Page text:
At LA Kelley Communications we wish everyone a Merry Christmas and joyous new year.
Christmas reminds me that factor IX deficiency is also known as "Christmas disease." Did you know that the name has nothing to do with the holiday?
The name comes from the first person properly diagnosed with factor IX deficiency, a Mr. Stephen Christmas, born a British citizen in 1947, who emmigrated with his family to Canada. He was diagnosed at age 2 with hemophilia (no type yet). On a return visit to England in 1952 Stephen was diagnosed by the Oxford Haemophilia Centre as not having a normal case of hemophilia. Research led to a new classification, called factor IX due to the low levels or absence of factor IX protein in the blood. This eventually led to many others being properly diagnosed. Although Stephen later contracted HIV, he became an advocate for the screening of donated blood to increase the safety of transfusions and infusions.
And he went down in history: the new disorder was named after him!
Interesting Book I Just Read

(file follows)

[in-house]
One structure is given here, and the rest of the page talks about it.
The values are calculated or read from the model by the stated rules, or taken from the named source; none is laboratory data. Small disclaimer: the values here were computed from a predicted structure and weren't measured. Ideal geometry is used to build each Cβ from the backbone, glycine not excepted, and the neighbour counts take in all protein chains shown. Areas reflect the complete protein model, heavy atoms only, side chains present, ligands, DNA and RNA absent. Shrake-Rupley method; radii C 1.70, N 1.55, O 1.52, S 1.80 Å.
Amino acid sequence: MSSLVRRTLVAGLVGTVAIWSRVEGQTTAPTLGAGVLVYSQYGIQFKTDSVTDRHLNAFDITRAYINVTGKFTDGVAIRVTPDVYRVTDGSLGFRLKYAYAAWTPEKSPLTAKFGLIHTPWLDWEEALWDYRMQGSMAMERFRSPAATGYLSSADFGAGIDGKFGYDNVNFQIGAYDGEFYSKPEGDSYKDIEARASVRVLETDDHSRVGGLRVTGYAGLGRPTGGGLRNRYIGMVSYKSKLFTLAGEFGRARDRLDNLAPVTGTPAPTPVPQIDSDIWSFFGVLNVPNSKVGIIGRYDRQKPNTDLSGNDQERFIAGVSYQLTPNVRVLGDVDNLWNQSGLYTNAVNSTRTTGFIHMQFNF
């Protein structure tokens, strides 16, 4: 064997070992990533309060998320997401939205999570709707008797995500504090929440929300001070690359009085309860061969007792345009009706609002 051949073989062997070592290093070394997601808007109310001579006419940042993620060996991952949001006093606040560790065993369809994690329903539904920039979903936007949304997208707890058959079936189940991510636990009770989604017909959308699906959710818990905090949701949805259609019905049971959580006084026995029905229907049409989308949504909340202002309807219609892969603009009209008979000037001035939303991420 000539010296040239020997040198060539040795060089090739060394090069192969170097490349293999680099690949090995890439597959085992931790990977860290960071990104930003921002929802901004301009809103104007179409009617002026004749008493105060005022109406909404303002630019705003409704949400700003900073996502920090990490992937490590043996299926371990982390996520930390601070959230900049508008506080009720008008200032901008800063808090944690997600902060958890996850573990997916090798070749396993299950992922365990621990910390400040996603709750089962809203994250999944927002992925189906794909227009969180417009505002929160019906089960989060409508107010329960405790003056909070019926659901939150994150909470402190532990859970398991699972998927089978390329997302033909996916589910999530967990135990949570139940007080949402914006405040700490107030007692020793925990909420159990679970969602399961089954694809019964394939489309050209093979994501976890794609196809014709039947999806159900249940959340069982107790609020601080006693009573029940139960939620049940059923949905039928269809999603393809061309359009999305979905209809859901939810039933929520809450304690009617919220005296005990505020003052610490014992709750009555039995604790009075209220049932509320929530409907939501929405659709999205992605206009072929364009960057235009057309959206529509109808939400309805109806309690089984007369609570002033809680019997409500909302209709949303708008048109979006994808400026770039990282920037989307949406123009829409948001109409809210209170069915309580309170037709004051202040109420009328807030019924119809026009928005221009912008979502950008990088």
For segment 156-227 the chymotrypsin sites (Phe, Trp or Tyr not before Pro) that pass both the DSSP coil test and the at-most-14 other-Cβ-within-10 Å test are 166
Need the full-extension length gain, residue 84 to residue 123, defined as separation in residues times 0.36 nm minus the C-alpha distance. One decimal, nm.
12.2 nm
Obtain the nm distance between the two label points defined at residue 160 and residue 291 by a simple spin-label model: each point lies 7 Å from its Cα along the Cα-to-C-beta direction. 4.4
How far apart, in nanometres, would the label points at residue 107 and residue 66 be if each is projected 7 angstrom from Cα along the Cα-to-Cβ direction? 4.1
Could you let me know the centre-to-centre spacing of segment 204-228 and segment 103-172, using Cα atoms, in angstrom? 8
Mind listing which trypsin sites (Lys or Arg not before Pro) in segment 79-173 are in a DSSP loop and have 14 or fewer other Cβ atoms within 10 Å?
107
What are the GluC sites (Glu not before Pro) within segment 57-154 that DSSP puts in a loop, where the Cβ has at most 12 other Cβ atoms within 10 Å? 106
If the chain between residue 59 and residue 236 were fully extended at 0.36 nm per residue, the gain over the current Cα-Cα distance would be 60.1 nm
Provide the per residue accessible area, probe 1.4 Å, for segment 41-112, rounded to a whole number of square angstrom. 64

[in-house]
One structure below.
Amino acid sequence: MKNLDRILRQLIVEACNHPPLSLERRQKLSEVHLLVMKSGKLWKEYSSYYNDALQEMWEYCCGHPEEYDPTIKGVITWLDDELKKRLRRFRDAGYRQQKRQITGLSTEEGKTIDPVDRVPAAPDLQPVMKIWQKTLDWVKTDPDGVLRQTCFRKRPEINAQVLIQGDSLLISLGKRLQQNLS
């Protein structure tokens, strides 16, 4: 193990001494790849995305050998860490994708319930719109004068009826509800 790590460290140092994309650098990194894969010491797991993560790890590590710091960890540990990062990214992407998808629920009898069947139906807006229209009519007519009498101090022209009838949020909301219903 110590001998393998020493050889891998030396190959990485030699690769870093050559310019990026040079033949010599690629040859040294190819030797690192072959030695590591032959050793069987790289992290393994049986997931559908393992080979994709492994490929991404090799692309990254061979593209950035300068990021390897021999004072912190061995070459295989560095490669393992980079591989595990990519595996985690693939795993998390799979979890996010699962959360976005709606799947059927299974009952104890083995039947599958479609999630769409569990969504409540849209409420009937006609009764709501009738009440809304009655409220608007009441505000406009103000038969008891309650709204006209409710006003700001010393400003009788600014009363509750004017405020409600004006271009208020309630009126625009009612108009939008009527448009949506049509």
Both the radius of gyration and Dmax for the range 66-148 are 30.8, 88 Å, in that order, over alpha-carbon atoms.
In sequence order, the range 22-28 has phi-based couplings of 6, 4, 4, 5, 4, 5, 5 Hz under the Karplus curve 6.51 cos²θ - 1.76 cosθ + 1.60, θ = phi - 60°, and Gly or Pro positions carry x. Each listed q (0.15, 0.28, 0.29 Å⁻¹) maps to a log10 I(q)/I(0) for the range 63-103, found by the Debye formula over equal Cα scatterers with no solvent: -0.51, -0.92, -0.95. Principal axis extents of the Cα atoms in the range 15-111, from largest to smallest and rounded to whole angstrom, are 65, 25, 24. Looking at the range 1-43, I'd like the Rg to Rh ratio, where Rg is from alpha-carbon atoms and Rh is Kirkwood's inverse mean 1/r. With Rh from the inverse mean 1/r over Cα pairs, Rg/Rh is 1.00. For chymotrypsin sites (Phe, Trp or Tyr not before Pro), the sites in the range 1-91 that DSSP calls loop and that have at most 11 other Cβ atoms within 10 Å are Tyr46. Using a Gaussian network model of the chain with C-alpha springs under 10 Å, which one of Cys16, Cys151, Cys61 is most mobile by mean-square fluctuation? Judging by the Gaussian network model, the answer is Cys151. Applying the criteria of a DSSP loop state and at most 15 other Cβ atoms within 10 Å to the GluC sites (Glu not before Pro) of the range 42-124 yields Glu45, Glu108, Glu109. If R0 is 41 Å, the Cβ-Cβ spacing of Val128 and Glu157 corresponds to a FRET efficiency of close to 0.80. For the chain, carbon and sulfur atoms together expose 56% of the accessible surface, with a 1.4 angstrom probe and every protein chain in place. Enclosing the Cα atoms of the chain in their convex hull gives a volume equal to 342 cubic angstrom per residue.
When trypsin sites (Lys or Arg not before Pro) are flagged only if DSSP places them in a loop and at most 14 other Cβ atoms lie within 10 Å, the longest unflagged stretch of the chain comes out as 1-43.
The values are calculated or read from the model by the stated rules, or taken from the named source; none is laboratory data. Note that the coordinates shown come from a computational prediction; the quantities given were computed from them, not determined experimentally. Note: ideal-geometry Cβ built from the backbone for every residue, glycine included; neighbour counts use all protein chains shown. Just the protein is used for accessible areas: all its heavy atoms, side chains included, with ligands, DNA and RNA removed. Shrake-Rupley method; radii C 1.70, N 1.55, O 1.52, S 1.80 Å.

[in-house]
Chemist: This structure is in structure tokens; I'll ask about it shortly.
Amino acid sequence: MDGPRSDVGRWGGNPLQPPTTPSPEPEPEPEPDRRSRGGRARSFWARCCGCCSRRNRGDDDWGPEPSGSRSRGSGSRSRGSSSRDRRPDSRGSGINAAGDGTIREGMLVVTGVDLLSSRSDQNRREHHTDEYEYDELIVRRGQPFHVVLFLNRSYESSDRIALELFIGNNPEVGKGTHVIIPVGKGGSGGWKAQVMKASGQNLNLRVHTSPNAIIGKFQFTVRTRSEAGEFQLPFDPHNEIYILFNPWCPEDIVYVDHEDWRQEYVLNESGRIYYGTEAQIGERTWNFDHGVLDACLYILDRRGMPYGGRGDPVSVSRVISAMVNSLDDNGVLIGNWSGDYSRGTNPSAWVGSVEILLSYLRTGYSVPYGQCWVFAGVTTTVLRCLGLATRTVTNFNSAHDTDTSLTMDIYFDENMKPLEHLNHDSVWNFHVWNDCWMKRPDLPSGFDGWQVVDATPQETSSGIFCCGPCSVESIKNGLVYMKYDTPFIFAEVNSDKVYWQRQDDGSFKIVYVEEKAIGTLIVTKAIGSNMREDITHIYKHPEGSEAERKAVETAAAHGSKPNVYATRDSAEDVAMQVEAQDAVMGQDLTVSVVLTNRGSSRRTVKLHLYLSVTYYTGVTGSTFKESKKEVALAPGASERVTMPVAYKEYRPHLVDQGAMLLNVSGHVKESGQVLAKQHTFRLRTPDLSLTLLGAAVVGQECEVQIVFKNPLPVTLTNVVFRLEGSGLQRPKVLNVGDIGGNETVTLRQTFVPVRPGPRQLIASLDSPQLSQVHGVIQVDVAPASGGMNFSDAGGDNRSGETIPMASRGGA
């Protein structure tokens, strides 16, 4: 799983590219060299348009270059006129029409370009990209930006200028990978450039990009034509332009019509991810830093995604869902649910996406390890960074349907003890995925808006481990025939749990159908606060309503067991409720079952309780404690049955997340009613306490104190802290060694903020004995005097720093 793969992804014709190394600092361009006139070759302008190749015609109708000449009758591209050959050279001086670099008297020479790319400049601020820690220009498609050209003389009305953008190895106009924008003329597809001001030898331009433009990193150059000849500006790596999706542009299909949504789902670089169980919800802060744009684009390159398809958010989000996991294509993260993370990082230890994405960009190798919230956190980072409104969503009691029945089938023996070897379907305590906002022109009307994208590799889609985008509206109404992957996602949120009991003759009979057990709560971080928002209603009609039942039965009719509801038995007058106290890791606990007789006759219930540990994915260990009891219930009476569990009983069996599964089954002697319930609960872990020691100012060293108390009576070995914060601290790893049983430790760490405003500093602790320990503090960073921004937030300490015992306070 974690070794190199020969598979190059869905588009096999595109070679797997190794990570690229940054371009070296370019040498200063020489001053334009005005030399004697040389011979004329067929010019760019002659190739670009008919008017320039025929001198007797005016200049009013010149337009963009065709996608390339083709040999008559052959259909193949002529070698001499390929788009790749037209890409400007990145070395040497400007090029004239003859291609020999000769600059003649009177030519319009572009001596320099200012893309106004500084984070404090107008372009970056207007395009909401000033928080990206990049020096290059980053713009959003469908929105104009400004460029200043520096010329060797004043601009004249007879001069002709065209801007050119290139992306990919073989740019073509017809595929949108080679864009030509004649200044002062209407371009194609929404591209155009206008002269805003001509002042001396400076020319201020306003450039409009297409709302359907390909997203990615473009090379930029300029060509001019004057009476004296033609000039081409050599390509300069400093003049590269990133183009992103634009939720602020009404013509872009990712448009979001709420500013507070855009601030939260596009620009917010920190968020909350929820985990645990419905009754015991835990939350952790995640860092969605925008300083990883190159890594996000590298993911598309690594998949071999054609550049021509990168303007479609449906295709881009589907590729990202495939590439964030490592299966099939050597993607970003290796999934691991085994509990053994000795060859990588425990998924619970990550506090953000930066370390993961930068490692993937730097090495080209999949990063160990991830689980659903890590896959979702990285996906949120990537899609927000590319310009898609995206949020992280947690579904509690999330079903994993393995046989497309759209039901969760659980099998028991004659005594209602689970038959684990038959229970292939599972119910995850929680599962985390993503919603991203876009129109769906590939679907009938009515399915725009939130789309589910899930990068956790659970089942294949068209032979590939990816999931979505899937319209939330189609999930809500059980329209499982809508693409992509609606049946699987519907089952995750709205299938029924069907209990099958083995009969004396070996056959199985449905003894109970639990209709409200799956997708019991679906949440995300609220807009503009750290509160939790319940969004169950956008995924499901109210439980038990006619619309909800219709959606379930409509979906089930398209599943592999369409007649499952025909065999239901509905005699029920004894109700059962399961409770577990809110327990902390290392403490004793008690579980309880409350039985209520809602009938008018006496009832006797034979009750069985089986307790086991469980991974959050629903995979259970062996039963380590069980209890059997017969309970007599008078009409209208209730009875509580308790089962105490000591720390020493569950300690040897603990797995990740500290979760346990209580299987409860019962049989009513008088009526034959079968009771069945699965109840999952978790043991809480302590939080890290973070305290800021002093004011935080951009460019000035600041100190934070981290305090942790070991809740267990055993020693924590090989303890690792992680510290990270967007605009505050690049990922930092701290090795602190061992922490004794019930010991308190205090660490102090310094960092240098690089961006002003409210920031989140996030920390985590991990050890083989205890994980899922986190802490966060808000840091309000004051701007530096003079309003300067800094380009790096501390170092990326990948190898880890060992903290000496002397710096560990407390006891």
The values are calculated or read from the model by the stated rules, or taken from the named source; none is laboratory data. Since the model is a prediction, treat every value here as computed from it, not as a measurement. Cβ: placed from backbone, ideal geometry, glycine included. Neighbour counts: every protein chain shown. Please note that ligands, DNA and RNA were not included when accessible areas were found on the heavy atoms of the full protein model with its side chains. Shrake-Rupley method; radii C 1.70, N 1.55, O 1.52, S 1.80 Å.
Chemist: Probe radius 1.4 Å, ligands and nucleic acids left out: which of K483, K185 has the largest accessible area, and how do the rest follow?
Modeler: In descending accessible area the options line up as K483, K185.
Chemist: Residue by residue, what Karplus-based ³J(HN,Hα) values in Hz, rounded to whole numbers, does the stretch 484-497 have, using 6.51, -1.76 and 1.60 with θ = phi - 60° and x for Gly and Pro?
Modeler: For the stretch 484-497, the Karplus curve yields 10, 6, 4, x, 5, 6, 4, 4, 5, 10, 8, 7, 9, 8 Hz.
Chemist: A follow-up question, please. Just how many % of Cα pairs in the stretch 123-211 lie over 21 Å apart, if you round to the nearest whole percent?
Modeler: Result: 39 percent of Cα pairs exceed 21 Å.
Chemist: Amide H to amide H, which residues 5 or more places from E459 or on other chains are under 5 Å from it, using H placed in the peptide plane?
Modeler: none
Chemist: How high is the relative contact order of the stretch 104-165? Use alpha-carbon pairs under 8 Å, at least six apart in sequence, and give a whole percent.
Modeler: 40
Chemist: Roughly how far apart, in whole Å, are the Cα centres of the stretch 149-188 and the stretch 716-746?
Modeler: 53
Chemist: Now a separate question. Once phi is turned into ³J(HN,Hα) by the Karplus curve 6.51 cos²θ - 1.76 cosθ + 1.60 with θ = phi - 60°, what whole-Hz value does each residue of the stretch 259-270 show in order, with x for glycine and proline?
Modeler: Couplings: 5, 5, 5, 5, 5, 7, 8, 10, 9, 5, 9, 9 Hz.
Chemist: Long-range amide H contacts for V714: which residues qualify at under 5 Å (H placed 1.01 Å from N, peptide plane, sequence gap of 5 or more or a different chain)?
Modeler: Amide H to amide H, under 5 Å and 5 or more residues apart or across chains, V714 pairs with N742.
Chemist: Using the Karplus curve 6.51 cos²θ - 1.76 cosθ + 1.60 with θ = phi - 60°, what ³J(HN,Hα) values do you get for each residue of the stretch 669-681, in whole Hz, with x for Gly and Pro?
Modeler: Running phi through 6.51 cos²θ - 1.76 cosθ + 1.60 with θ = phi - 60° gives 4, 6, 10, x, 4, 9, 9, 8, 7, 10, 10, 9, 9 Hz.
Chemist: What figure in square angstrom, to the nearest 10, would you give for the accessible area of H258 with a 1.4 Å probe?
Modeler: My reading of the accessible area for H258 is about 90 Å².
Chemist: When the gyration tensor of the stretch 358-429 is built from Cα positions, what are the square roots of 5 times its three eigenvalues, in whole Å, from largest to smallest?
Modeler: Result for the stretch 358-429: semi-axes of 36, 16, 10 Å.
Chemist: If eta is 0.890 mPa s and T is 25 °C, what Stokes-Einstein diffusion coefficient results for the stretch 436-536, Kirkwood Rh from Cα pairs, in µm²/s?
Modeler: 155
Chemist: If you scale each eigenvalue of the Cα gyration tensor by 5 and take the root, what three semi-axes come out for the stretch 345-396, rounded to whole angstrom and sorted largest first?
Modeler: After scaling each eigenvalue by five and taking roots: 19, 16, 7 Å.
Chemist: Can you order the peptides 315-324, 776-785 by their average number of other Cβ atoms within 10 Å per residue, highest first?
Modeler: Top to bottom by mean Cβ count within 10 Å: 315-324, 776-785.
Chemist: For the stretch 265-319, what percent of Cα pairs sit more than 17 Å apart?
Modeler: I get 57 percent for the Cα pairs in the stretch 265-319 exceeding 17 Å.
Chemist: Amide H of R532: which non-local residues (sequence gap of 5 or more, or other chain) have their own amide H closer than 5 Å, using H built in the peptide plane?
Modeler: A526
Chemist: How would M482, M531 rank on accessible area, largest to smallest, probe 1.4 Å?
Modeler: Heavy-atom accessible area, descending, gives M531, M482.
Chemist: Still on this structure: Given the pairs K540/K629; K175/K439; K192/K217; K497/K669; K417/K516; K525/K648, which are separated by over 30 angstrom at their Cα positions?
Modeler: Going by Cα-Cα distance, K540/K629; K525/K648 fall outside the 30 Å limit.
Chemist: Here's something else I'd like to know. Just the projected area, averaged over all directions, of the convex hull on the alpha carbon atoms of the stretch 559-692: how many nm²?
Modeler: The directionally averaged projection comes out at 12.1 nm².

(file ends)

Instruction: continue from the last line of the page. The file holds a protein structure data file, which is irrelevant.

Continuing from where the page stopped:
I, Steve: Steve Jobs in His Own Words (Kindle version)
I was too intimidated at first to read the new Steve Jobs book by Walter Issacson, so I settled for a short and sweet book. Well, it's short! It is a collection of quotations by Steve Jobs, about business and life. It's nice in that it's a quick read, and you can go back and browse through it. Many of the quotations seem to be space fillers, and trite, shedding no light on Jobs or on anything! But some of it is good. I suspect you could get a lot of this on line, and save a few bucks.
Also, I finally finished Steve Jobs, which I will write about next week, and it makes I, Steve present Jobs as a savvy and wise man, sugar-coated all the way. To know the real Steve Jobs, read the Issacson book. For snippets, this is fine. Two stars/five.
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